This book explores some issues on the borderland between moral philosophy and Christian theology. Particular attention is paid to the issues at stake between liberals and communitarians and the dispute between realists, non-realists and quasi-realists. In the course of the discussion the writings of Alasdair MacIntyre, George Lindbeck and Stanley Hauerwas are examined. While sympathetic to many of the typical features of post-liberalism, the argument is critical at selected points in seeking to defend realism and accommodate some aspects of (...)
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  44. ‘Foolishness to Greeks’: Plantinga and the Epistemology of Christian Belief.Sarah Bachelard - 2009 - Sophia 48 (2):105-118.
    A central theme in the Christian contemplative tradition is that knowing God is much more like ‘unknowing’ than it is like possessing rationally acceptable beliefs. Knowledge of God is expressed, in this tradition, in metaphors of woundedness, darkness, silence, suffering, and desire. Philosophers of religion, on the other hand, tend to explore the possibilities of knowing God in terms of rational acceptability, epistemic rights, cognitive responsibility, and propositional belief. These languages seem to point to very different accounts of how (...)
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  45. In and of the World? Christian Theological Anthropology and Environmental Ethics.Anna Peterson - 2000 - Journal of Agricultural and Environmental Ethics 12 (3):237-261.
    Mainstream currents within Christianity havelong insisted that humans, among all creatures, areneither fully identified with their physical bodiesnor fully at home on earth. This essay outlines theparticular characteristics of Christian notions ofhuman nature and the implications of this separationfor environmental ethics. It then examines recentefforts to correct some damaging aspects oftraditional Christian understandings of humanity''splace in nature, especially the notions of physicalembodiment and human embeddedment in earth. Theprimary goal of the essay is not to offer acomprehensive evaluation of (...)
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  46.  84
    Influence of Christian Weltanschaugung on the Genesis of Modern Science.Rinat M. Nugayev - 2012 - Religion Studies (3):1-14.
    Origins of the Copernican Revolution that led to modern science genesis can be explained only by the joint influence of external and internal factors. The author tries to take this influence into account with a help of his own growth of knowledge model according to which the growth of science consists in interaction, interpenetration and unification of various scientific research programmes spreading from different cultural milieux. Copernican Revolution consisted in revealation and elimination of the gap between Ptolemy’s mathematical astronomy and (...)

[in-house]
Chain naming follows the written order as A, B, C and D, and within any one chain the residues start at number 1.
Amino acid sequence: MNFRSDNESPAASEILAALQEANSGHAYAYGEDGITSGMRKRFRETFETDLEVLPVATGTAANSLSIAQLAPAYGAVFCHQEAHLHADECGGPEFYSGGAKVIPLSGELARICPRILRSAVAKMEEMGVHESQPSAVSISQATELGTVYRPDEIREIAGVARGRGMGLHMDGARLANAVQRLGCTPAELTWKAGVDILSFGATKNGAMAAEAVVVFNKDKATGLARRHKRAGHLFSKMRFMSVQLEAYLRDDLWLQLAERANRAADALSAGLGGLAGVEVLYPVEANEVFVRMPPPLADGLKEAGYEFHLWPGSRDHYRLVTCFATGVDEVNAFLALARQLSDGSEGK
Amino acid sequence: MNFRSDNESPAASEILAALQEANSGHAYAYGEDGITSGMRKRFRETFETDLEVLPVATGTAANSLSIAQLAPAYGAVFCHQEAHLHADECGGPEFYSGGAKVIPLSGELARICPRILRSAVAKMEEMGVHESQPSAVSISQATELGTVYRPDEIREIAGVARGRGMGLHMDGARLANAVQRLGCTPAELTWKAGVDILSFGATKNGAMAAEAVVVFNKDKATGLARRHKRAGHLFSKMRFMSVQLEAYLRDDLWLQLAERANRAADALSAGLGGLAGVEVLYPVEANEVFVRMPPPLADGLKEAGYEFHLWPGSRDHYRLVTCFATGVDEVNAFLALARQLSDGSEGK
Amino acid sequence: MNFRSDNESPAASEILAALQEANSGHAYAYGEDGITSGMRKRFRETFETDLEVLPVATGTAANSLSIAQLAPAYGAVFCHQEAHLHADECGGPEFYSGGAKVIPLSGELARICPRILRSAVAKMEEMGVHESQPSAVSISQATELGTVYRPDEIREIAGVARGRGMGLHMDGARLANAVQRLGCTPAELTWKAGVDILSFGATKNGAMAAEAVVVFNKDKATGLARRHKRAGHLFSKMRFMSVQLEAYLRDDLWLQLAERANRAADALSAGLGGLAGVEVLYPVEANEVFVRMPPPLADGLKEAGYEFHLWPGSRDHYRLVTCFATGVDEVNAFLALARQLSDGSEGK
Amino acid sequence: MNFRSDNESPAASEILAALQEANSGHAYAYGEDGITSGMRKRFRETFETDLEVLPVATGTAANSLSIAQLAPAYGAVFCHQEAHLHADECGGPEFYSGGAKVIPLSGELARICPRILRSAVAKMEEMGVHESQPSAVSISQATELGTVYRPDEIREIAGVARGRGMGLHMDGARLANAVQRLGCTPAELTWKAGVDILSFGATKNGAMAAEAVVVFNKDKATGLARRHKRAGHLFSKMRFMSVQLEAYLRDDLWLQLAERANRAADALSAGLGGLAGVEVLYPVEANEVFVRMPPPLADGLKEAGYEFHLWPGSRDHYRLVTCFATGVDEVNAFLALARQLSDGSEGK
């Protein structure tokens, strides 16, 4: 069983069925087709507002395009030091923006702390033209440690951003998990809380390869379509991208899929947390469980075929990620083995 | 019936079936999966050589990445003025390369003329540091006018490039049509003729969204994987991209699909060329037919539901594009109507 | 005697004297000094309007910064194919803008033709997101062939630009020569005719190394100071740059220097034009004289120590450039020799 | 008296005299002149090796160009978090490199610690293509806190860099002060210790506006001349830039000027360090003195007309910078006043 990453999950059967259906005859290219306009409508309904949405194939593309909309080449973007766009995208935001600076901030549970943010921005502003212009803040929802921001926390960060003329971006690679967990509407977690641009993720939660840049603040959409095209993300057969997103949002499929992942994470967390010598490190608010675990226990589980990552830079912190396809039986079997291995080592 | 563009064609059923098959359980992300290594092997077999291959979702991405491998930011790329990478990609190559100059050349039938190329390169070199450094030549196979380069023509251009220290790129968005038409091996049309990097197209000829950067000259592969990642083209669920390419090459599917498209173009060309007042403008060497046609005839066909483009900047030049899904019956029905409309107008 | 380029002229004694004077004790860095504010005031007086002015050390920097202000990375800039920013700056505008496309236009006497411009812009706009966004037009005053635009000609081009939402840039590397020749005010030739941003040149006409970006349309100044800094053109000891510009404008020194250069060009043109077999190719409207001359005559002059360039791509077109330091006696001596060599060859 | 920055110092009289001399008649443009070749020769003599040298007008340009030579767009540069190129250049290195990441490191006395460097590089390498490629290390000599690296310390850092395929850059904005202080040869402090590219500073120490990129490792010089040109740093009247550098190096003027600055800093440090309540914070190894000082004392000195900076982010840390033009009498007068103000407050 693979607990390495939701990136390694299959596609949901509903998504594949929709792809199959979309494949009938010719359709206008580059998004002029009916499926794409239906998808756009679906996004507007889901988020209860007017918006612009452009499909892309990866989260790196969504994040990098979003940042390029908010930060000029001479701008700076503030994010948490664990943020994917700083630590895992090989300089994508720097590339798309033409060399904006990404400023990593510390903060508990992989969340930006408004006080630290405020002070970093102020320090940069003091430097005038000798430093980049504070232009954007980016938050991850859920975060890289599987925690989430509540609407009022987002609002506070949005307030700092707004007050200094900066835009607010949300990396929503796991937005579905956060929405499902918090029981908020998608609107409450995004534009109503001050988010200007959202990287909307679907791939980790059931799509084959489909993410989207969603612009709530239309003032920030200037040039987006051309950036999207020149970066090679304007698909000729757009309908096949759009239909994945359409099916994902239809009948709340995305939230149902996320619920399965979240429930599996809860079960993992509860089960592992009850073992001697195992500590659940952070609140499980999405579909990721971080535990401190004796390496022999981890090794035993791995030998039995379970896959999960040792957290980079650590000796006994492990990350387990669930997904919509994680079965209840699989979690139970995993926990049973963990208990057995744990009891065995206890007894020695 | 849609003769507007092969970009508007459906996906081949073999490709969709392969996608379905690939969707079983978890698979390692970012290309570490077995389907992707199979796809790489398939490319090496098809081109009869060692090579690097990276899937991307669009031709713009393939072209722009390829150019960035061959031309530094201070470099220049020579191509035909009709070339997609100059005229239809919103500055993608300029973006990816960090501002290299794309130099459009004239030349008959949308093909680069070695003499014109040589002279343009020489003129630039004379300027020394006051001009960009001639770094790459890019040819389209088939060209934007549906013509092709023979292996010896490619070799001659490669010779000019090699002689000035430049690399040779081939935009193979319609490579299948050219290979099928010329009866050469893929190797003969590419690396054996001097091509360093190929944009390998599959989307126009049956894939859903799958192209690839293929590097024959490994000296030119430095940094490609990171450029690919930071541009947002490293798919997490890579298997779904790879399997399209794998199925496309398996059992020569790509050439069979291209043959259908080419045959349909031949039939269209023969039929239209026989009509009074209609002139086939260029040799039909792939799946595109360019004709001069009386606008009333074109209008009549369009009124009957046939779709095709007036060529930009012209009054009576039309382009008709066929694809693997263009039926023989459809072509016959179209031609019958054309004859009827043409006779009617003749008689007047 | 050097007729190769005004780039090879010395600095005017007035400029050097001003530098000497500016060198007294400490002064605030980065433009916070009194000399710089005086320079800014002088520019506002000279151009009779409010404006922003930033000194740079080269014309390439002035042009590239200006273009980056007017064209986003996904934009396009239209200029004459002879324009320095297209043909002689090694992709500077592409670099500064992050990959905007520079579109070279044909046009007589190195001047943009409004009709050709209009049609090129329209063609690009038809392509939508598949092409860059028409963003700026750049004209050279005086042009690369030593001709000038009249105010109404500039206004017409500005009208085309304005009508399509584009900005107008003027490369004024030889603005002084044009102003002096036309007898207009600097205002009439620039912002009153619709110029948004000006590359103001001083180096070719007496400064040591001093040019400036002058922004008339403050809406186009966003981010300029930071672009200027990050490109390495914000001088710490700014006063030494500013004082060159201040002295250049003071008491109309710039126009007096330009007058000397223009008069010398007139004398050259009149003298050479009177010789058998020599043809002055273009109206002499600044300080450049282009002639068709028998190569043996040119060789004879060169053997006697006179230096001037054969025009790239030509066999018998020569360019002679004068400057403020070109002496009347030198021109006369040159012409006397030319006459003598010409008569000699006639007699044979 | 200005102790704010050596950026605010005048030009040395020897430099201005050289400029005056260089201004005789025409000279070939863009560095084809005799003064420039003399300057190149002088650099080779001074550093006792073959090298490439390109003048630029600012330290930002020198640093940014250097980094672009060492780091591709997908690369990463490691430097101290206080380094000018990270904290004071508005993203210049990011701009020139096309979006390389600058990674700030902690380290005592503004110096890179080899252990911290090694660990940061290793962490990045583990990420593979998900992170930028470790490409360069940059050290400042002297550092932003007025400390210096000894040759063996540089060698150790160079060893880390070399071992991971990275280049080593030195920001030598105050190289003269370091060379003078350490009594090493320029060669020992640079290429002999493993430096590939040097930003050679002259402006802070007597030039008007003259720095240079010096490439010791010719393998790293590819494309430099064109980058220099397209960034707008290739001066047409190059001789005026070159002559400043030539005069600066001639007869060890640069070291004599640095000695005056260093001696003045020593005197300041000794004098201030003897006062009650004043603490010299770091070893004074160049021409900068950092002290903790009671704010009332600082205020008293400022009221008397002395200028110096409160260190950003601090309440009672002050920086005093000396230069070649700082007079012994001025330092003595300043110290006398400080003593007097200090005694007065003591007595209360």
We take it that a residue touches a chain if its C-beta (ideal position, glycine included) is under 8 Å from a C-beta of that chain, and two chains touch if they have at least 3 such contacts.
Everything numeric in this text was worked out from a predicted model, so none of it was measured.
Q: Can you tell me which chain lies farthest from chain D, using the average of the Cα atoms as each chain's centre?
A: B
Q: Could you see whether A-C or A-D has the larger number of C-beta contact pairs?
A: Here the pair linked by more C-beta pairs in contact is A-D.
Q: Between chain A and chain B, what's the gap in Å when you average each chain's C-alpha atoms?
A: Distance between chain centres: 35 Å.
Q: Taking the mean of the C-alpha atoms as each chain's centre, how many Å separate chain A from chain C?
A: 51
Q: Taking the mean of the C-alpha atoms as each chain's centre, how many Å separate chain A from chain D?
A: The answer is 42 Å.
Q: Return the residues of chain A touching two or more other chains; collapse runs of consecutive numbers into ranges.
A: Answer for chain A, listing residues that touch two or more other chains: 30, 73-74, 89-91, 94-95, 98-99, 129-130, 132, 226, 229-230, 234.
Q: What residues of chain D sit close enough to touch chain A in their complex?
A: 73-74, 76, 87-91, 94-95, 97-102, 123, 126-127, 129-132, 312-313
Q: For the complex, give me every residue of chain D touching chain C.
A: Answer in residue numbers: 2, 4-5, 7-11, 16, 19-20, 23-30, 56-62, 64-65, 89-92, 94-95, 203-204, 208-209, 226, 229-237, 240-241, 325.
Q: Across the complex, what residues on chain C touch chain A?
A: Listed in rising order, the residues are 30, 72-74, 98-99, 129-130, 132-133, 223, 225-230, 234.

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  47.  32
    The Environment and Christian Ethics.Michael S. Northcott - 1996 - Cambridge University Press.
    This book is about the extent, origins and causes of the environmental crisis. Dr Northcott argues that Christianity has lost the biblical awareness of the inter-connectedness of all life. He shows how Christian theologians and believers might recover a more ecologically friendly belief system and life style. The author provides an important corrective to secular approaches to environmental ethics, including utilitarian individualism, animal rights theories and deep ecology. He contends that neither the stewardship tradition, nor the panentheist or process (...)
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  48.  54
    Jeffrey Stout on Democracy and its Contemporary Christian Critics.Nicholas Wolterstorff - 2005 - Journal of Religious Ethics 33 (4):633-647.
    Jeffrey Stout addresses two of the main criticisms of liberal democracy by its contemporary neotraditionalist Christian critics: that liberal democracy is destructive of social tradition, and thereby of virtue in the citizenry, and that liberal democracy is inherently secular, committed to expunging religious voices from the public arena. I judge that Stout effectively answers these charges: liberal democracy has its own tradition, it cultivates the virtues relevant to that, and it is not inherently hostile to piety. What Stout does (...)
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  49. The Christian Idea of Man.Josef Pieper - 2011 - St. Augustine's Press.
    The Christian idea of man -- The idea of man in general -- The Christian idea of man and St. Thomas Aquinas's theory of virtues -- The true concept of virtue and the hierarchy of virtues -- Prudence -- Justice -- Courage and fear of the Lord -- Discipline and moderation -- Faith, hope, and love -- The distinction between a natural and supernatural ethos.
     
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  50. Teaching for Commitment Liberal Education, Indoctrination and Christian Nurture.Elmer John Thiessen - 1993 - McGill-Queens University Press.
    This book defends Christian nurture and education against the frequently made charge of indoctrination. It argues that Christian education is fully compatible with a liberal education.